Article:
Oh my – that is a huge difference in the picture showing fly screen vs new glass! Really cuts the brightness and the glare – for me that would probably decrease the headaches I sometimes get in those conditions.

    I went a little pale 5 years ago when we put in 4 new windows – but the house is warmer in the winter, easier to cool in the summer and really cuts down on the traffic noise (we live on a city bus route, down the street from a school.) It was definitely worth it, We didn’t have the damage you did, just original windows in a house that’s about 40 years old, hurray for new triple glazing!

    Enjoy your new view!
    Chris S in Canada

    • katechiconi says:

      I’m with you on the glare, and I think my migraine episodes will be less painful as a result. The temperature in both bedrooms is noticeably lower and despite the tint, both rooms are also lighter, as the new frames are much narrower and cover less of the opening. We’ve also had a new large glass sliding door put in downstairs which makes our store room accessible without putting on the light.

  2. Good for you. That should be helpful in multiple ways.

    Last spring we had a new sliding glass door put in, too. The sill had rotted out under the old one, and though it was “only” 15 years old, we could do a lot better than simply rebuilding around it. It’s been cold here this winter (temps from as low as about -30C to about -4C.) But the glass is only cool, not cold and drafty. Keeping a home up sometimes requires improvements, not just repairs. Glad you could make it work for you.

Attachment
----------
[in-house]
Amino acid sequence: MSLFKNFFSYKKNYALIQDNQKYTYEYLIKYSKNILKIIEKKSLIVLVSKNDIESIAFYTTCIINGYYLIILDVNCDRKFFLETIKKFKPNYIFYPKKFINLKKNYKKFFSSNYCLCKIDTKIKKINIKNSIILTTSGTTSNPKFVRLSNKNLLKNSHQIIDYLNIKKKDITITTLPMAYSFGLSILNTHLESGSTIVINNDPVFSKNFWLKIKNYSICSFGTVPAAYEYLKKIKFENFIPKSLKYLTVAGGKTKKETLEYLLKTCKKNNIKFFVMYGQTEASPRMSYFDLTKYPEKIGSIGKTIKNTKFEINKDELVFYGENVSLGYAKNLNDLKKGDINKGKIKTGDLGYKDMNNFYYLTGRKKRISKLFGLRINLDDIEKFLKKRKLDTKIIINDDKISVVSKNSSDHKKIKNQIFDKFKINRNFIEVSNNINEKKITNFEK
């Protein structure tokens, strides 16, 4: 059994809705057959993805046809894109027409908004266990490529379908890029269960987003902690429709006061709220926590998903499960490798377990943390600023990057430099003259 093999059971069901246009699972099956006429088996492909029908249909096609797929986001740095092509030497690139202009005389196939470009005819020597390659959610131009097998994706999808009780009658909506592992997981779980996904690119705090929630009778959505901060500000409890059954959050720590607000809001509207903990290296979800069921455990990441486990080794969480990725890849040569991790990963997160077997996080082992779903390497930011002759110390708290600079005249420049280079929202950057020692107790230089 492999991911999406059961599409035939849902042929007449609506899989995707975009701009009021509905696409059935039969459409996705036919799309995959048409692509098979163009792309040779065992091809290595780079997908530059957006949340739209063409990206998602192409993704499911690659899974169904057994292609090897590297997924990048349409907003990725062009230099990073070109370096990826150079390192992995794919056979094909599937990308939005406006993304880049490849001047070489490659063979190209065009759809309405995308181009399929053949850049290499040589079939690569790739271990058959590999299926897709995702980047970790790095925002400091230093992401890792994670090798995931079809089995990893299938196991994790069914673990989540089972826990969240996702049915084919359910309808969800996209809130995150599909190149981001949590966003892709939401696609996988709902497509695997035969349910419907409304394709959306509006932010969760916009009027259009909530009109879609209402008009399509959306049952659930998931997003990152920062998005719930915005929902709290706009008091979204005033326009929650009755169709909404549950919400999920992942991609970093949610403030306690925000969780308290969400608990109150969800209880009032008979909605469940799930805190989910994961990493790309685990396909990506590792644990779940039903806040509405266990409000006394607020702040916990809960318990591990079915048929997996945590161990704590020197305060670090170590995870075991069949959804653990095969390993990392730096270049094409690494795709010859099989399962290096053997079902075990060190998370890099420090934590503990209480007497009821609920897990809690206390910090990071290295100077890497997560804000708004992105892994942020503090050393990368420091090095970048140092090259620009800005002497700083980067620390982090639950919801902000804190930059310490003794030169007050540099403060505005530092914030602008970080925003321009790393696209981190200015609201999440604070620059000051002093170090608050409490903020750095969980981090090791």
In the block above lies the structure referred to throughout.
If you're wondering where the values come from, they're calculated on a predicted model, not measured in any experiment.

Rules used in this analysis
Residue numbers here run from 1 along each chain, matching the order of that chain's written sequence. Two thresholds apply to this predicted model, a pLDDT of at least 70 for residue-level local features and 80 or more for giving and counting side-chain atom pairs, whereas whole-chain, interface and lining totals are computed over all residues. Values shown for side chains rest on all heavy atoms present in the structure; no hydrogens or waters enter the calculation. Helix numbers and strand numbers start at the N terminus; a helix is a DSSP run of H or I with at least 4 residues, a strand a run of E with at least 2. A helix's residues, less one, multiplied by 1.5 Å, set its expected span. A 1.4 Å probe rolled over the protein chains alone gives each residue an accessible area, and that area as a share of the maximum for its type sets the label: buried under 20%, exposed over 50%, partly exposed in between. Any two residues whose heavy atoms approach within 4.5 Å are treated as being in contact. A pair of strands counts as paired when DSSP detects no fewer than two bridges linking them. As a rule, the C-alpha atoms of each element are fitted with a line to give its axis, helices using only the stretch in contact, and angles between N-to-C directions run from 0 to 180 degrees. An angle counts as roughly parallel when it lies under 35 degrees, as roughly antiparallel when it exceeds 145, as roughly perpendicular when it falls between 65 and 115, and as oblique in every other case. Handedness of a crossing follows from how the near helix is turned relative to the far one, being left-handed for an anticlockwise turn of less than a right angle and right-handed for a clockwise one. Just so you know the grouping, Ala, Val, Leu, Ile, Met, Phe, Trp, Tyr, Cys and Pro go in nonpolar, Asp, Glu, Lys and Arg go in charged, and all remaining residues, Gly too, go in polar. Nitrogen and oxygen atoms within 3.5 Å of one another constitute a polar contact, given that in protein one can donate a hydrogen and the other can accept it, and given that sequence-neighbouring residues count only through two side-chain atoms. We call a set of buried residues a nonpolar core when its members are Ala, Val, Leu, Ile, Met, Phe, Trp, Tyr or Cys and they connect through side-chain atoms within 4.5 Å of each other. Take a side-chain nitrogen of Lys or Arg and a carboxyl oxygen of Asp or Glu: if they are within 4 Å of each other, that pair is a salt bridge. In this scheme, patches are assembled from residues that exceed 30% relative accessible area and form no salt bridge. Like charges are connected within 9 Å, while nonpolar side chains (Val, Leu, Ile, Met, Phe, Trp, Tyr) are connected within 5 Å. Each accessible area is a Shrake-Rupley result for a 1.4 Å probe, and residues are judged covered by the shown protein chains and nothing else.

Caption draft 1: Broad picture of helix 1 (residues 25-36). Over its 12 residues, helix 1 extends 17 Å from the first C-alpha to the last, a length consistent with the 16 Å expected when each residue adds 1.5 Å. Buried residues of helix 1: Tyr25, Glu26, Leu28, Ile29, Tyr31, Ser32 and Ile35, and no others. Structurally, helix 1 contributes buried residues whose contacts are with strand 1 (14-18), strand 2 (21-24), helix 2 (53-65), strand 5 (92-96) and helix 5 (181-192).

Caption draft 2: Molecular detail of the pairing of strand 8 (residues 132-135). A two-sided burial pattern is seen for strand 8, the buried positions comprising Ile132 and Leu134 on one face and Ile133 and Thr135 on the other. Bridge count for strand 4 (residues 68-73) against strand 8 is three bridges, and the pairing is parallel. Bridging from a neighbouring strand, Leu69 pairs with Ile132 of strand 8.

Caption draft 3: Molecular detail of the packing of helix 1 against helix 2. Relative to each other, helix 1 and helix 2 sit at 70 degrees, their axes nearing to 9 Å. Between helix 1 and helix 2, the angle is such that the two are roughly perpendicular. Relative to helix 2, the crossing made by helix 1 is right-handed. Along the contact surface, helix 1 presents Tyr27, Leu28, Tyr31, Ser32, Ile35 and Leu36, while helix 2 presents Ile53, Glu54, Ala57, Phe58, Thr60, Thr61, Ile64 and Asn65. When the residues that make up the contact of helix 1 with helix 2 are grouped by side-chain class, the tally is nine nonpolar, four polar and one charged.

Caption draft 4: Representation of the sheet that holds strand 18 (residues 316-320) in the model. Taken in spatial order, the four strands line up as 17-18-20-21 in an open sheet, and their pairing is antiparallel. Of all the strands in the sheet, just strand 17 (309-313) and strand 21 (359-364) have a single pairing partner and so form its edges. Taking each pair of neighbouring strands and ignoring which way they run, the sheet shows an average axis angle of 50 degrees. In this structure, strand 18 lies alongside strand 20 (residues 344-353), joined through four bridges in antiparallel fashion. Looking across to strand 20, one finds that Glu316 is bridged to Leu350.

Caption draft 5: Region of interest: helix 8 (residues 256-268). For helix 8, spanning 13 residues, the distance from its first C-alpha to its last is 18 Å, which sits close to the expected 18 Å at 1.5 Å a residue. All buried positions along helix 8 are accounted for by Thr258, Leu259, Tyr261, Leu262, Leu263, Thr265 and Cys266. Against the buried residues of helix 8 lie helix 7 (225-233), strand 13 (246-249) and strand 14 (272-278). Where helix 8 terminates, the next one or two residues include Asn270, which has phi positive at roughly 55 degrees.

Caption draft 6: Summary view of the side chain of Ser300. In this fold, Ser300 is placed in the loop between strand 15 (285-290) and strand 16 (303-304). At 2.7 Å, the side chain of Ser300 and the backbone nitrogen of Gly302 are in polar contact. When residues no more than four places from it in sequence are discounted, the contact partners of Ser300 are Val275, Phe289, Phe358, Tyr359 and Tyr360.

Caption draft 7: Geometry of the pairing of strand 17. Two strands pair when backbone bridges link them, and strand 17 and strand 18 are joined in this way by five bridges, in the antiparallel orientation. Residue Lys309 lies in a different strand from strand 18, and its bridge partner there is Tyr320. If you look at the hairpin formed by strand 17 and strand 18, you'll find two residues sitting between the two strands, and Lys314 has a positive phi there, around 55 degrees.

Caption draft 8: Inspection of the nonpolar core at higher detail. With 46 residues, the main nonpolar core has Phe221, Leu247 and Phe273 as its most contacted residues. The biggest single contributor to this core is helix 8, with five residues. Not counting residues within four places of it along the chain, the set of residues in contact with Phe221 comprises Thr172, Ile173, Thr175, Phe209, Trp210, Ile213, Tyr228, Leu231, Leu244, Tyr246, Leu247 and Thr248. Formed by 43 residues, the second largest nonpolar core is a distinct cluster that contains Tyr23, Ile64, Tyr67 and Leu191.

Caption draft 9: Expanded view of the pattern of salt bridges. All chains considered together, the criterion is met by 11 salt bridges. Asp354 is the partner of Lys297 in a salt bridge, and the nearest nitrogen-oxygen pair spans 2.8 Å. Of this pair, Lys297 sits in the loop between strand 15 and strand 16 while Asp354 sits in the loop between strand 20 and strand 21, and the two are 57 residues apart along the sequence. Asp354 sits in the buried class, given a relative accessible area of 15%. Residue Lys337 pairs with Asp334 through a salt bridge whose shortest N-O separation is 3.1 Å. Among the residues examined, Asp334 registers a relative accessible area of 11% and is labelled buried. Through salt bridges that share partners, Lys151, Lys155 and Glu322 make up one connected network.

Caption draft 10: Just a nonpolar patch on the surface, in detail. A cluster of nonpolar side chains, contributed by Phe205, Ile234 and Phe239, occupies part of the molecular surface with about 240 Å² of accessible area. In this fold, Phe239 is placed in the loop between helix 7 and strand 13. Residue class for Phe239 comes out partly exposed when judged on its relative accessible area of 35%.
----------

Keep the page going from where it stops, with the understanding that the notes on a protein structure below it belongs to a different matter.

• katechiconi says:

      I like how it has made opening windows a simple thing, instead of an exercise in fear they’d finally crumble πŸ™‚ The original frames were over 40 years old…

  3. The new windows look great. So many options available now there wasn’t 40 years ago!

    • katechiconi says:

      They do look really good, and even better from the outside, lovely and crisp. I think this new glass is going to be a revelation in what used to be the hottest two rooms in the house.

  4. These sorts of expenses can be hard to take, but new and improved windows with extra tint sounds perfect. I hope you never have to test their water-proofing abilities. Good insurance, though.

  5. ALways nice to have something new and modern installed. I’m sure the old windows and frames had a rural charm of their own, but I know what bad weather can do to wood (not a cyclone, of course!) and strong sun is a killer. There are a few wooden frames in this house which could do with being replaced!!!